Open Access

chemf: A purely functional chemistry toolkit

Journal of Cheminformatics20124:38

DOI: 10.1186/1758-2946-4-38

Received: 22 August 2012

Accepted: 22 November 2012

Published: 20 December 2012

Abstract

Background

Although programming in a type-safe and referentially transparent style offers several advantages over working with mutable data structures and side effects, this style of programming has not seen much use in chemistry-related software. Since functional programming languages were designed with referential transparency in mind, these languages offer a lot of support when writing immutable data structures and side-effects free code. We therefore started implementing our own toolkit based on the above programming paradigms in a modern, versatile programming language.

Results

We present our initial results with functional programming in chemistry by first describing an immutable data structure for molecular graphs together with a couple of simple algorithms to calculate basic molecular properties before writing a complete SMILES parser in accordance with the OpenSMILES specification. Along the way we show how to deal with input validation, error handling, bulk operations, and parallelization in a purely functional way. At the end we also analyze and improve our algorithms and data structures in terms of performance and compare it to existing toolkits both object-oriented and purely functional. All code was written in Scala, a modern multi-paradigm programming language with a strong support for functional programming and a highly sophisticated type system.

Conclusions

We have successfully made the first important steps towards a purely functional chemistry toolkit. The data structures and algorithms presented in this article perform well while at the same time they can be safely used in parallelized applications, such as computer aided drug design experiments, without further adjustments. This stands in contrast to existing object-oriented toolkits where thread safety of data structures and algorithms is a deliberate design decision that can be hard to implement. Finally, the level of type-safety achieved by Scala highly increased the reliability of our code as well as the productivity of the programmers involved in this project.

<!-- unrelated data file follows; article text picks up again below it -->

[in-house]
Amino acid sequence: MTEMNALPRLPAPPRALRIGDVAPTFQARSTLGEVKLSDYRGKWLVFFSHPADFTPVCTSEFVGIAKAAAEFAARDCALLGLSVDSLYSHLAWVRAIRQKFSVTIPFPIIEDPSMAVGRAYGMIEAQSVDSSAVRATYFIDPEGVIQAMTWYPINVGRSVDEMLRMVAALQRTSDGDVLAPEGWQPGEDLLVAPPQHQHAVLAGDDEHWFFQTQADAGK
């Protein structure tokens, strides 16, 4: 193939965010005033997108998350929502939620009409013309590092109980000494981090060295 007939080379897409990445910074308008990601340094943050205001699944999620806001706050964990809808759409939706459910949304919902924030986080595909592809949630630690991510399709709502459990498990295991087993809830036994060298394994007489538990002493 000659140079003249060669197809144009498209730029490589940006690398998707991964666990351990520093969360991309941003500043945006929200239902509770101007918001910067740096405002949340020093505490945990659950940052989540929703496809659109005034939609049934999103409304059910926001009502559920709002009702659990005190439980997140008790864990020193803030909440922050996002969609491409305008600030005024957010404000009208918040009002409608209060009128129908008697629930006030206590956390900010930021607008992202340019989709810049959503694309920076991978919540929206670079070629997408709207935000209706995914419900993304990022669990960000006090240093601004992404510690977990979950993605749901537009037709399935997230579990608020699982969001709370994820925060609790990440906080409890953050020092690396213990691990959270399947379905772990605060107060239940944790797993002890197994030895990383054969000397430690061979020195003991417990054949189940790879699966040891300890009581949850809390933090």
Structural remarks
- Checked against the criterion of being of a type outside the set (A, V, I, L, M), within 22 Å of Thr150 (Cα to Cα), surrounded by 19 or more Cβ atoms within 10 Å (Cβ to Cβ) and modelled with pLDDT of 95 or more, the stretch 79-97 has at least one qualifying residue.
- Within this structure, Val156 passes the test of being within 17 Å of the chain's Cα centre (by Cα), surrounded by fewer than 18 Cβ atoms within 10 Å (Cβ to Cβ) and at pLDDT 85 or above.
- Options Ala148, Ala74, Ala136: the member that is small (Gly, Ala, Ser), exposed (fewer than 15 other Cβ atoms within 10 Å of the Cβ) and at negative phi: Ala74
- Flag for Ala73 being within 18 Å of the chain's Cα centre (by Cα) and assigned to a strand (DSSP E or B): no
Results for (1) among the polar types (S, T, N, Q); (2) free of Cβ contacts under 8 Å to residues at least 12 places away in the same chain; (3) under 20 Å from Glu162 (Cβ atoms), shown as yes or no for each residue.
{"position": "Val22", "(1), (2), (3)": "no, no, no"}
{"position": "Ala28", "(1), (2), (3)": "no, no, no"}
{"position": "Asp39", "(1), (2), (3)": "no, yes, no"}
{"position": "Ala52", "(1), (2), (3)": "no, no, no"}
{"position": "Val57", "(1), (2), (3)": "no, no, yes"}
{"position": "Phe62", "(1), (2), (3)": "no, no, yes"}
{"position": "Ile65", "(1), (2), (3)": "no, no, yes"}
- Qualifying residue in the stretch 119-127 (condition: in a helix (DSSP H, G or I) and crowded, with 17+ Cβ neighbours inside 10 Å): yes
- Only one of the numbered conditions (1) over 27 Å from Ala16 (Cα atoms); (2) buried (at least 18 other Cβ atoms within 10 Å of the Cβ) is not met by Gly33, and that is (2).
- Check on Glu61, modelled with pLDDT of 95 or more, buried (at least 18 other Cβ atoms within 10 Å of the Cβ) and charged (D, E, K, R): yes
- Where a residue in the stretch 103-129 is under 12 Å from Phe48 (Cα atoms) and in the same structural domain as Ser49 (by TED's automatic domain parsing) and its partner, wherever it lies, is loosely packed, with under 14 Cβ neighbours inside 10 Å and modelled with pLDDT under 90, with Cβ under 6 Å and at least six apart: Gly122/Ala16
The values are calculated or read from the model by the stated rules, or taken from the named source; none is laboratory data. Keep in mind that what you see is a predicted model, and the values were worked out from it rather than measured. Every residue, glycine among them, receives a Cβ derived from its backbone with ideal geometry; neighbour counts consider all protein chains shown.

Keywords

Functional Programming chem f Chemistry Toolkit SMILES parser Parallelization Scala Medicinal Chemistry

Background

Since there already exist a plethora of cheminformatics toolkits both open source and proprietary, one might wonder whether there is truly a need for another one. Most of the available toolkits such as the Chemistry Development Kit[1] or OpenBabel[2] are written in object-oriented languages using typical imperative concepts such as mutable data structures and opaque methods (see below) to implement chemical entities and algorithms. While the communities of many of the newer (and some of the older) programming languages start to appreciate the benefits of programming in a pure, referentially transparent fashion, these concepts have not yet had a big impact on software used in chemistry. We would therefore like to show some of the benefits of functional programming when applied to cheminformatics and talk about the type-safety and conciseness that can be achieved when using this programming paradigm.

The dangers of side effects

Several widely used programming languages such as Java[3] or C++ use object-oriented programing as a means to structure code and build reusable components. Such code is typically (but not necessarily) written in an imperative style, where statements represent actions the computer should carry out sequentially. Although it is regarded as a best practise to favor immutable data structures over mutable ones [4], imperative code is typically full of reassignment operations since these provide a convenient way to update fields in complex data structures. Mutable state can be hard to reason about when several seemingly unrelated parts of a program access and possibly modify the same piece of shared data. Special care needs to be taken when using mutable objects in parallelized algorithms [5].